'Hindu Rashtra' and secularism

Political imagination in India has come to a standstill, aiding and abetting the construction of a homogenised cultural and political sphere.

Secular sectarianism of the feminists, Dalits, left and religious minorities has, over a period, ghettoised communities and advanced a sectarian political imagination, leading to a political dead-end that they now find difficult to negotiate with.

Feminist politics in India was silenced with the demand for Uniform Civil Code being made by the rightwing forces, unable to negotiate the competing demands between women’s rights and that of the religious minorities, after the Shah Bano Case.

It is a puzzle as to why they did not proceed along the lines of equating gendered practices in all the religions, whether against the Hadith or the Manusmrithi or the Bible, all of which, for instance, consider women to be impure during the menstrual cycle, along with many other very similar practices that are sanctioned which place women as less than equal to men.

In fact, it was Ambedkar who argued that it is only dalits and women who face untouchability, due to religious sanctions.

Similarly, the dalit politics in India moved from Ambedkar as a philosopher, who was the chief architect of the Constitution, to a claim that he belongs to dalits alone.

In the 1970s, the demand was Ambedkar and Phule be introduced in university syllabi and taught by all in order to understand caste, now the demand is nobody other than Dalits have the right to write and talk of Ambedkar.

Similarly, the idea earlier was all dispossessed social groups are dalits, irrespective of their caste.

This shift to a narrower interpretation of anti-caste imagery led to social justice shrinking to (political) representation, where even if it is the rightwing political organisations such as the BJP or RSS that provide for an opportunity, it should be taken as an opportunity for mobility that was otherwise denied to the dalits for centuries.

Today, the case for this has grown stronger with RSS advancing a more de-Brahminised mode of Hinduisation, in the sense of providing for leadership for individuals from the Dalit-Bahujan communities.

Here it is being argued that for Dalits, the difference between left, right and centre make no sense.

If mobility with dignity is the true meaning of the struggle against Brahminical hegemony, it can be accrued only in questioning sectarianism in all its manifold forms.

Similar has been the case with the secular discourse regarding minority rights in India.

It not only assumed Muslims and other religious minorities to be homogeneous but also articulated their concerns disconnected from other political discourses in a democracy, mentally and spatially ghettoising them into a segregated social group.

For instance, Muslim political organisations could have talked not only about the witch-hunt against the Muslims from Azamgarh and alleged encounter killings in Batla House but also about the same kind of exceptionalism being practiced against tribals in Chattisgarh and racial profiling of citizens from the Northeast.

In the same breath, it would be incumbent to speak of the plight of Hindus in Baluchistan and Bangladesh, as much as the rights of Kashmiri pundits who lost their homes.

It is important to conjoin the rights of Muslims with questioning the views of separatist leader Syed Ali Shah Geelani on Hindu religious minorities and women in Kashmir.

Citizenship as a political practice is instantiated in the right to speak for others, not in speaking just for one’s own self.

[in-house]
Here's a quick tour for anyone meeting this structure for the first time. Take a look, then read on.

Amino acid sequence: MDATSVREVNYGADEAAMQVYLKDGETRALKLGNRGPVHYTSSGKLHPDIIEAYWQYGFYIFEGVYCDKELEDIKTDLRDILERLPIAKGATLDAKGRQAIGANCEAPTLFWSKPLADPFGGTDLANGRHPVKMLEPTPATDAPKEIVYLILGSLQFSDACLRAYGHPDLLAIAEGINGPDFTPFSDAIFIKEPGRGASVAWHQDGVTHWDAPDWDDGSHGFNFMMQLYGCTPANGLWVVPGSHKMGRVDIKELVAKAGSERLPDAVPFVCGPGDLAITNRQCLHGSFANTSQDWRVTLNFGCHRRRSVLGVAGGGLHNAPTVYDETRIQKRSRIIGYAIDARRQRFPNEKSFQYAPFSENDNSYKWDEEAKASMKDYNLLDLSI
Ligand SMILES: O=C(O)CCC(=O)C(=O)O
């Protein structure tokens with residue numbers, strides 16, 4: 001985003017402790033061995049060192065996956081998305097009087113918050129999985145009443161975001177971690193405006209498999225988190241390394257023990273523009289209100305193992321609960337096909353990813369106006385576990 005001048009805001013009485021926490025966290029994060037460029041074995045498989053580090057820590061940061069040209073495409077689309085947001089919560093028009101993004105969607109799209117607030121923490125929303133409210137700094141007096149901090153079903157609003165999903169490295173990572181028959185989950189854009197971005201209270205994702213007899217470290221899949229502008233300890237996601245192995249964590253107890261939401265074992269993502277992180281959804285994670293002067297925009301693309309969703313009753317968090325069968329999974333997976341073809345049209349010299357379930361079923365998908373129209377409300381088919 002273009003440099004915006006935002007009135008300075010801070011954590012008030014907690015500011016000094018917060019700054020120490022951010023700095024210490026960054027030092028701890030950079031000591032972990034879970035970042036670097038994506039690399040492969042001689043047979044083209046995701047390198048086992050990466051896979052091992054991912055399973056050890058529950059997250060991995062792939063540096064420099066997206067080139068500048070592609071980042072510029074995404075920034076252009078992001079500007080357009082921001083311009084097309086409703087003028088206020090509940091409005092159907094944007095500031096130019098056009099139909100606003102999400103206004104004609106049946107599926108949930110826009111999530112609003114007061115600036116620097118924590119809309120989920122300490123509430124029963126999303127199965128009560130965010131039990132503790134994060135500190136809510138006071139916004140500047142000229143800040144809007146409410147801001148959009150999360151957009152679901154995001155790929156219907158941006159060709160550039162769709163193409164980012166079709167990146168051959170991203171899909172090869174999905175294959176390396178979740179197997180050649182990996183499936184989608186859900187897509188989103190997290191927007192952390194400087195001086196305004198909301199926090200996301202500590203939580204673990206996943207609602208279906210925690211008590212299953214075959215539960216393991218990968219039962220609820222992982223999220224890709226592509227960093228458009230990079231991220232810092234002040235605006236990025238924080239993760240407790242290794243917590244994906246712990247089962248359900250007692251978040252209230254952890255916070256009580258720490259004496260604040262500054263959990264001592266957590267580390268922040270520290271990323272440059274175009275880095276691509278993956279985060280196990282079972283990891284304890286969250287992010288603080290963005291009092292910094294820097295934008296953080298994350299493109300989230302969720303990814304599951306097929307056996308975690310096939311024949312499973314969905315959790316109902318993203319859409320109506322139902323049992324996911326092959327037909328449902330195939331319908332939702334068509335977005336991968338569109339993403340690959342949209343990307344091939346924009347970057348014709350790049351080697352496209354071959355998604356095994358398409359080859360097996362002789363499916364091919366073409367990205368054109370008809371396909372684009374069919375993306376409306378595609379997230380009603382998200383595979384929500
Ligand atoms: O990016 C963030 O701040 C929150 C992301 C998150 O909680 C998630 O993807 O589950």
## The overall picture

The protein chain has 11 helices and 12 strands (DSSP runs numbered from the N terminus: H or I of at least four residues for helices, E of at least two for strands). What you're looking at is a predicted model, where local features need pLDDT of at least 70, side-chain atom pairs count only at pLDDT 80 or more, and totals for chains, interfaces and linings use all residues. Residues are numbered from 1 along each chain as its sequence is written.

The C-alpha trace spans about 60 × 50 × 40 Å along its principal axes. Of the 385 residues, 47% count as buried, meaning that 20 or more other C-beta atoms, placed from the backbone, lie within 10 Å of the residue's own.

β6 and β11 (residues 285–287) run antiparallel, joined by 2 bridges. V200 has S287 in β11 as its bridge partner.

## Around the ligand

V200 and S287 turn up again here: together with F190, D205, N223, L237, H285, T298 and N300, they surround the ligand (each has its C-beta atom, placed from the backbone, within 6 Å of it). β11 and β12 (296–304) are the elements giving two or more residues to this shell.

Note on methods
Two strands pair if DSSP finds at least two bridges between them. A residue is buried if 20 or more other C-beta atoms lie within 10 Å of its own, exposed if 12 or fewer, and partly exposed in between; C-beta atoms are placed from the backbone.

This becomes important also in a context where neo-liberalism has in a very substantive sense undermined empathy for others, and fraternity and solidarity of all kinds.

Success story

Indian democracy that is otherwise considered to be a success story within the postcolonial nations of the world, built its foundations on secular sectarianism of various kinds.

This was previously typified as the `Congress system`, where different and conflicting social groups were accommodated within the same political party.

This accommodation however, retained the social status of the groups as they stood into an umbrella formation.

It is this politics of forming a coalition of social groups without any sustained attempt to forge inter-sectional dialogue that is now visibly unworkable and has led to a sharp decline in the electoral prospects of the Congress.

This strategy of maintaining a centrist polity that has gradually shifted rightwards through replicating the same strategy of forging a statusquoist coalition but for a different purpose – of realising a ‘Hindu Rashtra’ - by the rightwing political formations.

This decline of the Congress is made even more pronounced by the simultaneous decline of the left parties that have found themselves in a political landscape that can best be typified as a no man’s land.

The ‘classism’ in the left too failed to instill a culture of social groups speaking for each other.

The way forward really seems to be in opening up of internal dialogue within the communities as across them.

These will have to necessarily go together. This will include raising difficult questions such as masculinity within anti-caste movements that time and again attract them towards far-right groups like the Shiv Sena.

Also included are communal sentiments, inward looking philosophy in the ideas of jihad, self-righteous tendencies in the left that refuse to listen and learn that social change cannot be programmed.

These are carried with a load of uncertainties that need to be incessantly made sense of and find the possibilities within them to break the condensation of the polity into a majoritarian construct.

(The writer is with the Centre for Political Studies, JNU, New Delhi; Currently he is visiting professor, Centre for Modern Indian Studies, Gottingen University, Germany)

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